Monday, Nov. 28, 2011: Northern Maine national park, Rev. Carlson and Occupy Bangor

Posted Nov. 27, 2011, at 11:05 a.m.

Wary of Quimby

The Nov. 23 BDN article by Nick Sambides about Roxanne Quimby and Sen. Cynthia Dill is very interesting, but the little fibs still persist. The parcel in question is not 70,000 acres, it is 59,000 acres. I will admit 70,000 sounds a lot better than 59,000, and when all the media keeps using the 70,000 figure, no one will ever know the difference.

Ms. Quimby will be right in one of her assessments of northern Maine people — we are stupid and she hopes we will continue to be. When Ms. Quimby was questioned about the acreage she admitted that they were a little sloppy in their figures. She should hire a fourth-grader to do her number stories.

Sen. Dill, D-Cape Elizabeth, who represents the richest community in Maine with an average income of over $800,000 a year, has an organization called “The Friends Of The Maine Woods.” This is the group that would love to see all of northern Maine turned into a park.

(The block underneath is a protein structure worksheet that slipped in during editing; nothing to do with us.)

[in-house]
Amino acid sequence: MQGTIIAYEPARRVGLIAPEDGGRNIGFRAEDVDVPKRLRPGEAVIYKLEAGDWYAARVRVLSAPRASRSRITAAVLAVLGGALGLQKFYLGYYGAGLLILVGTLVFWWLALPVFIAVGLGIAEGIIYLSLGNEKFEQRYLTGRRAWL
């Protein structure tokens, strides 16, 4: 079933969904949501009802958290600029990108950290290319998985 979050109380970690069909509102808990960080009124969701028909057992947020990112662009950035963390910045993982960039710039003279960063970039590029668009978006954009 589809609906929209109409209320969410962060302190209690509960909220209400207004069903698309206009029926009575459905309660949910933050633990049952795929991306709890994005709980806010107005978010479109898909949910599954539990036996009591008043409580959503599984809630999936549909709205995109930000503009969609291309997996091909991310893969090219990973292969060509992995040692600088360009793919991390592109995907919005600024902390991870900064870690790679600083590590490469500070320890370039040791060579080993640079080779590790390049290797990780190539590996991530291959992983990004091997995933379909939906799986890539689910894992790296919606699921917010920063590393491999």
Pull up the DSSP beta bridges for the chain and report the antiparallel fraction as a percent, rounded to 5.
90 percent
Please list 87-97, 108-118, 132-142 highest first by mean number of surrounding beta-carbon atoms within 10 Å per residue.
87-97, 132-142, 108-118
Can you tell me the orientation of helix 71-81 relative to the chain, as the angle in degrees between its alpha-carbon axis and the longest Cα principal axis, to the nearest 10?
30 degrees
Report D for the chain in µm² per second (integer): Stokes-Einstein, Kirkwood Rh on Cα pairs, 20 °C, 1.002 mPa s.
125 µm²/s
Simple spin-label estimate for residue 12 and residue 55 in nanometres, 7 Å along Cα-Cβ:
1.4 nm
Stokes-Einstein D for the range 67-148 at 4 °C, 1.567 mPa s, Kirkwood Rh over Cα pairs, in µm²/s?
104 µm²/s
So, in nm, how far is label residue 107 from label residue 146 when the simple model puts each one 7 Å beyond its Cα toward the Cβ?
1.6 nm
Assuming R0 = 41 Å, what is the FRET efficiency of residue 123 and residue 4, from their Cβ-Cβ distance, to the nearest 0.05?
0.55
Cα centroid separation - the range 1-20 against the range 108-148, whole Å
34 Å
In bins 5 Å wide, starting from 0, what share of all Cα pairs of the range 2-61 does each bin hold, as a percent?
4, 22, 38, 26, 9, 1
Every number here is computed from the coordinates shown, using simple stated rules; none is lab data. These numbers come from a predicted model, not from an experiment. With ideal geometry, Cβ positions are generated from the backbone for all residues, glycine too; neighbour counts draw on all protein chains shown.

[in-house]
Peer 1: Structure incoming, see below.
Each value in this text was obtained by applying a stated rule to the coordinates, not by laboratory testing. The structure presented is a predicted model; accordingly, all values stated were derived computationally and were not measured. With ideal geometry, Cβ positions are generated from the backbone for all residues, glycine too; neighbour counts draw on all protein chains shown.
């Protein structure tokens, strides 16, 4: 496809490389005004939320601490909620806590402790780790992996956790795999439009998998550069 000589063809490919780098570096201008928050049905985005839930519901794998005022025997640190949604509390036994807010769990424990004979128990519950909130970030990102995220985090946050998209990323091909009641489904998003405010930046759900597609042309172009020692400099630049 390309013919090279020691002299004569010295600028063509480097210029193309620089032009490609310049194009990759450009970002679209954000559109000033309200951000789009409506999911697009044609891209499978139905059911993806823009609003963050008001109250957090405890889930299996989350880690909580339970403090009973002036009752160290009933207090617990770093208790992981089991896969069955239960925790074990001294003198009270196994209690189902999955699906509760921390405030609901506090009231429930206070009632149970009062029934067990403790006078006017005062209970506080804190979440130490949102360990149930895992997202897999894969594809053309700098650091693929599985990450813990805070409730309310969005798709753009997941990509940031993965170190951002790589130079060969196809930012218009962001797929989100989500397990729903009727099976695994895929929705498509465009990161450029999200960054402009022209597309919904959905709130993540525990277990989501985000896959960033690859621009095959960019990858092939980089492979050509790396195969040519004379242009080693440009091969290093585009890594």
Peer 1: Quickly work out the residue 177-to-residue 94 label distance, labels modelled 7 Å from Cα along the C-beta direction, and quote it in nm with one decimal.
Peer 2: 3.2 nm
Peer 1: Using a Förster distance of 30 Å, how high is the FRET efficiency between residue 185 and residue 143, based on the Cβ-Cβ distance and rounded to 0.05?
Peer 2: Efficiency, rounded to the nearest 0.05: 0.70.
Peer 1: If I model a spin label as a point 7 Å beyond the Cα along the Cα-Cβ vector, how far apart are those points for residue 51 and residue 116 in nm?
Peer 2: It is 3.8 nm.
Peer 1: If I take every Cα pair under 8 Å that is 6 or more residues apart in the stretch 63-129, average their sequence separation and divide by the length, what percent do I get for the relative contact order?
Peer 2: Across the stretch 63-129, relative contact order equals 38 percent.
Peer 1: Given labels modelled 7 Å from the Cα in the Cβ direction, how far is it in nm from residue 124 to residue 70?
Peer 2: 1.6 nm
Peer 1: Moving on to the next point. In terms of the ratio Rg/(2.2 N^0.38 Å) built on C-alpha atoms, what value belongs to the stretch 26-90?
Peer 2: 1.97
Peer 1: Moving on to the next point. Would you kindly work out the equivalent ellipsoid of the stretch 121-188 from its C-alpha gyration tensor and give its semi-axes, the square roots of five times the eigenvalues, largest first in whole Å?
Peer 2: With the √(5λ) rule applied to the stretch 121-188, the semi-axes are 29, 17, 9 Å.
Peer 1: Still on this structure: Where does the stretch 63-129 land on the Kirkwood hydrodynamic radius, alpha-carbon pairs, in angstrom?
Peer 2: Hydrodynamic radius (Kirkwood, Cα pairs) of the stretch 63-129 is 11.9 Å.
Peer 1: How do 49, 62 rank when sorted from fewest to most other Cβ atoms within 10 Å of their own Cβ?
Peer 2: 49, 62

RESTORE: The North Woods is not dead. The people who are pushing for a park have two things going for them: money and patience. Their strategy is to wear you down and this park is the first step. Beware of people from southern Maine who claim to looking out for northern Maine’s interest. You can see how that has worked over the last 50 years.

George Michaud

East Millinocket

Time for healing

Thank you, Carol Sherman, for sharing about forgiveness (“Failings at the heart of forgiveness,” BDN op-ed, Nov. 22). When someone wrongs us, causes hurt to those we hold dear, or commits a crime, it’s easy to forget that judging others is not our place and that forgiveness is essential to our own well-being.

My heart goes out to all in the Greater Bangor community who knew and loved Bob Carlson as well as to anyone he hurt or disappointed during his lifetime. I believe that all are worth saving, although that belief is often tested. I hope Bob’s lapse of faith and choice to act on that lapse will lead others to reflect on this, rather than judging.

Hopefully this pain will help many to make amends before it’s too late, and to also find the courage to forgive those who have wronged them. Whether or not a person can take responsibility for past or current failings, our ability and willingness to forgive is necessary for healing.